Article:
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Do You Remember That You're Forgetting?

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As a specialist in geriatric medicine, I often tell my patients, “If you remember that you’re forgetting, then your memory is probably ok!” While this may not be entirely true, it is pretty close. Many people of all ages will forget names, or forget what they went to get out of the refrigerator. This may get a little worse with aging, but it is not serious. There is a big difference between what we call “age-associated memory impairment,” and the development of a progressive dementing illness such as Alzheimer’s disease.  So how do you know what’s going on?

At IPC-Senior Care of Colorado we might start by performing the Folstein Mini-Mental State Examination. It takes about 10 minutes to perform and will screen you for any obvious mental status impairment. A high score doesn’t assure completely that you don’t have a problem, but makes it highly unlikely. The normal aging process does not lead to significant memory loss. There may be some slowing down of the brain’s processes with age, but not to a significant extent. If there is any evidence of significant changes in mental function, we will perform further mental status testing.

So, what is dementia?  Dementia is when there is a distinct decline in mental function over the course of time. There are five key areas that physicians evaluate to assess dementia.

  1. The first is memory. In Alzheimer’s disease, there is a loss of short term memory. The way we test for this is to give a person three words to remember and ask them to recall those words three to five minutes later.
  2. The second area of mental status that we test in evaluating people for dementia is language function. This is tested by asking a person to name a number of objects. In the early stages of Alzheimer’s disease, language function is relatively kept intact.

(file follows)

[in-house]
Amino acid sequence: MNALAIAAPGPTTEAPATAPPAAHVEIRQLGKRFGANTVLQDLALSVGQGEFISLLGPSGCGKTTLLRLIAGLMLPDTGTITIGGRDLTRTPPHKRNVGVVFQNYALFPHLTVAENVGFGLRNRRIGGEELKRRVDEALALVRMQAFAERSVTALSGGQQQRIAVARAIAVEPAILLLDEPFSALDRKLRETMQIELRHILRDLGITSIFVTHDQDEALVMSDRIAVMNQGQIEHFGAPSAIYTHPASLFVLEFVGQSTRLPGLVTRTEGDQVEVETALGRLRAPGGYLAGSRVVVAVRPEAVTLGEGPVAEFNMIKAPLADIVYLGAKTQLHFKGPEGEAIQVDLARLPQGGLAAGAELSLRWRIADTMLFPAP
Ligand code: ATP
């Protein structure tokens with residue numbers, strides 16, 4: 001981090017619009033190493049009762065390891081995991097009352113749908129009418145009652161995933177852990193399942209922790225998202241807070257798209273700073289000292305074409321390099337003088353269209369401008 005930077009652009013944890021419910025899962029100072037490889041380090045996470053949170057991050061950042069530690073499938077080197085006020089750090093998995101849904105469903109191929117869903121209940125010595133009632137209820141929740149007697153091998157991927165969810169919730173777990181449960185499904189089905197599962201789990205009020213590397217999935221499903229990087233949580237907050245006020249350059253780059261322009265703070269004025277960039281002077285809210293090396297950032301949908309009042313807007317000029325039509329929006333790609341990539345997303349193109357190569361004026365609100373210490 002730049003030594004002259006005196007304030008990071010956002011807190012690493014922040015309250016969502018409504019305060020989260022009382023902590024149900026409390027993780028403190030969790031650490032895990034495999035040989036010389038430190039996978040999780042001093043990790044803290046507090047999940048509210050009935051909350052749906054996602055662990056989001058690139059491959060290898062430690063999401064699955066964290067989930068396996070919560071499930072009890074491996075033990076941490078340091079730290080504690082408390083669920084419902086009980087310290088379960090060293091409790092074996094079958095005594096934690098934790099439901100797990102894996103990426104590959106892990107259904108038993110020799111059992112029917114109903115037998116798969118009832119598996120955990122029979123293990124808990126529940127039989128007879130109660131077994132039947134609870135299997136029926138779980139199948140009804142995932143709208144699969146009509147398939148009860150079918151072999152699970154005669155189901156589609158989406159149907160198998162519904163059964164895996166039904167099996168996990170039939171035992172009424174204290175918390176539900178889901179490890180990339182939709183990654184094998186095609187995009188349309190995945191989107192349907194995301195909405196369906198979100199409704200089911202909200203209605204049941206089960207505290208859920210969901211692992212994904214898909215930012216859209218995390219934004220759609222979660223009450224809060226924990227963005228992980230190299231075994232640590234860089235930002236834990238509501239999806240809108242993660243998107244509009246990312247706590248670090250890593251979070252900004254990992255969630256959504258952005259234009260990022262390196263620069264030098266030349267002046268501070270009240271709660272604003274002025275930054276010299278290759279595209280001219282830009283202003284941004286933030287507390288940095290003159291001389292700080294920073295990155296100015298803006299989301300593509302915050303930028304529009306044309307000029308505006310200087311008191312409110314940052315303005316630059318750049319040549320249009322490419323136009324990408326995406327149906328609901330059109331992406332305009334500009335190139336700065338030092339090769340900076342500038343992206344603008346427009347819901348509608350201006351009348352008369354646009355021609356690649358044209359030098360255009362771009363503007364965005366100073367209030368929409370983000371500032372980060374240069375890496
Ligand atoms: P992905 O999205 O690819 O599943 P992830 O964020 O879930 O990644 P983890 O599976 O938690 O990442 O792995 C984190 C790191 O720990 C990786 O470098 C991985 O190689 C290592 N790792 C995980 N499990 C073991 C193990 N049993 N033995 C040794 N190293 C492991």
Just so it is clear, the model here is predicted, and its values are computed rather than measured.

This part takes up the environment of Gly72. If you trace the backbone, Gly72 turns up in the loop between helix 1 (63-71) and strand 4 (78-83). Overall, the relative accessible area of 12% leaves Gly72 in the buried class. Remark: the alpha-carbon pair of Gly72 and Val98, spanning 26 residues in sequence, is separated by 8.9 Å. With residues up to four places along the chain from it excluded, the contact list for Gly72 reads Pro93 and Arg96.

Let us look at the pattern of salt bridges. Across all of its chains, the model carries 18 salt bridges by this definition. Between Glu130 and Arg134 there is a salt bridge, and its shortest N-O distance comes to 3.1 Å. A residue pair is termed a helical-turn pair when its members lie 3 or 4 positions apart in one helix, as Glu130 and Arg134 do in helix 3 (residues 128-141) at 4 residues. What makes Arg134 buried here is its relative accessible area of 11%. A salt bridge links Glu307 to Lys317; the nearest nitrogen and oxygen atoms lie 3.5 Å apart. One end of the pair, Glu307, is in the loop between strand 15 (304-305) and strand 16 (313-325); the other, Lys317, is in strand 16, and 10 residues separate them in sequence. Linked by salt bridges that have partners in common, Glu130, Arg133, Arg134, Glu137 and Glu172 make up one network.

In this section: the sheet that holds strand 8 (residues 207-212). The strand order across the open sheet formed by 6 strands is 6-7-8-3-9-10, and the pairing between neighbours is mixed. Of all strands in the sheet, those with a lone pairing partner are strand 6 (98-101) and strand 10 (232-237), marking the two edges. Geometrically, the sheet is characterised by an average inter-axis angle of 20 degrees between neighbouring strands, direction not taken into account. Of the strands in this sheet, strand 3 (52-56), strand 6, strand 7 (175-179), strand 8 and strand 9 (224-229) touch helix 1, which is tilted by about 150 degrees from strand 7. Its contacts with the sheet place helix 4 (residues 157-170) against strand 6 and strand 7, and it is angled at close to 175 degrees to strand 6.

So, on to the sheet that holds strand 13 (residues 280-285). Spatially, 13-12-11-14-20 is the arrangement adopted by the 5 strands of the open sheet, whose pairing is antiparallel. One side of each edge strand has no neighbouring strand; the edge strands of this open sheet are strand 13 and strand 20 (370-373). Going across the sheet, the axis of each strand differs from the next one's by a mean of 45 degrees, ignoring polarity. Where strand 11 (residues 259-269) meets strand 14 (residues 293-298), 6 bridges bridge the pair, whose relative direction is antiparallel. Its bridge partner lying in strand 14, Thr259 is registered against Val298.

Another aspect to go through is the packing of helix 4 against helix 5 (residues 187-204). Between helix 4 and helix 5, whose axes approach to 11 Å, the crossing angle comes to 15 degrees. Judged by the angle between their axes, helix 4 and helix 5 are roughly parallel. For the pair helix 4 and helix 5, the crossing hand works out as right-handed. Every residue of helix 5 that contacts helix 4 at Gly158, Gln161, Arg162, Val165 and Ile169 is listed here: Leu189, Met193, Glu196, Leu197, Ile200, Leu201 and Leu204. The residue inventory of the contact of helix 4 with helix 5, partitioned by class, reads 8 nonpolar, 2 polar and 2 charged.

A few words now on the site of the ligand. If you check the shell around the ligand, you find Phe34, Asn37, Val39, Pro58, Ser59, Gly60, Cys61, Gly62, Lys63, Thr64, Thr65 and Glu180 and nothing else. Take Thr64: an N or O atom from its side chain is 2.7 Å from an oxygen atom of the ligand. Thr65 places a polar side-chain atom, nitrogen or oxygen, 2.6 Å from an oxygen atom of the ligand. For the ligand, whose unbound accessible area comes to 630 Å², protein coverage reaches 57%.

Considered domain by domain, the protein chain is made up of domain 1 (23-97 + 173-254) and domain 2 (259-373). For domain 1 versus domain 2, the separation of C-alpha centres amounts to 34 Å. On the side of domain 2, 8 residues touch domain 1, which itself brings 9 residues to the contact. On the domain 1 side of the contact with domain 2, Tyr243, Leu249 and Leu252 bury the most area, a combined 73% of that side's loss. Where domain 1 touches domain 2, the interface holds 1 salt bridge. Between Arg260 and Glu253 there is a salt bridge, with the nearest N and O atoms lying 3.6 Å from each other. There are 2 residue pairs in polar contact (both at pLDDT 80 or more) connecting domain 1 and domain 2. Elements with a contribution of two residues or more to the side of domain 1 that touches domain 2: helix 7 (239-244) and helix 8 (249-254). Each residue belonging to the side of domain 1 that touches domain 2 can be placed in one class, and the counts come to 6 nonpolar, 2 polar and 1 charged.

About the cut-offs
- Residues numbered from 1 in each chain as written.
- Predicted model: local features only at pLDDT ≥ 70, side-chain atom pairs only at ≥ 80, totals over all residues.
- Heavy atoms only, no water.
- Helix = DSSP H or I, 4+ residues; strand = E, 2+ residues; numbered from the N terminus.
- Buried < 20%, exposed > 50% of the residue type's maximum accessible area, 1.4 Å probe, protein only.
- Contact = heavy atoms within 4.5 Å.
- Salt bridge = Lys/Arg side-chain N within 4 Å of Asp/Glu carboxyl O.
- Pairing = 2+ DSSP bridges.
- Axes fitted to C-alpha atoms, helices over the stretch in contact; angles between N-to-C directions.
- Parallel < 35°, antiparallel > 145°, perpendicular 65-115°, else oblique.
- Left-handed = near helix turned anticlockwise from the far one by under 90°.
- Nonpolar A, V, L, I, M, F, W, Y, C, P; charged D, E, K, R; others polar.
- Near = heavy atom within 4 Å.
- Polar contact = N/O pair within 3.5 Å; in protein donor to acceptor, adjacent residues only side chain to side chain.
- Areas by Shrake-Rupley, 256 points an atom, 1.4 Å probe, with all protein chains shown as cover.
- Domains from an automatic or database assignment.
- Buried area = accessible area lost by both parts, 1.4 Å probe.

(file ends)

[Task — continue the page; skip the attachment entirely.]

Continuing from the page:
3. The third area is visual-spatial skills. One of the main tests used to assess this today is asking a person to draw a clock. 
  4. The fourth area tested is cognition (the ability to do calculations, abstract thinking, and judgment). 
  5. The fifth and final area that is evaluated is personality.

Dementia is defined by deficits in three out of the aforementioned five areas of mental function. It also must be a deficit that is persistent over the course of time. This differs from short-term changes in mental status that may occur during an acute illness or hospitalization. This used to be called delirium, and is now known as an acute confusional state. This can occur for a variety of reasons, sometimes as a side effect of medications, other times as a consequence of an acute illness.

If a diagnosis of dementia is made, we take a comprehensive approach to its evaluation and management. This begins with a complete history and physical and any pertinent laboratory work and brain scans that are necessary to define the type of dementia and rule out any treatable causes. In the past few years, medications have become available for the treatment of certain forms of dementia, including Alzheimer’s disease and dementia caused by multiple small strokes. While these medications do not provide a cure, they can improve patients function and quality of life for a defined period of time, as well as slow down the progression of the disease. So, remember, don’t be afraid to ask, “How’s my memory?”

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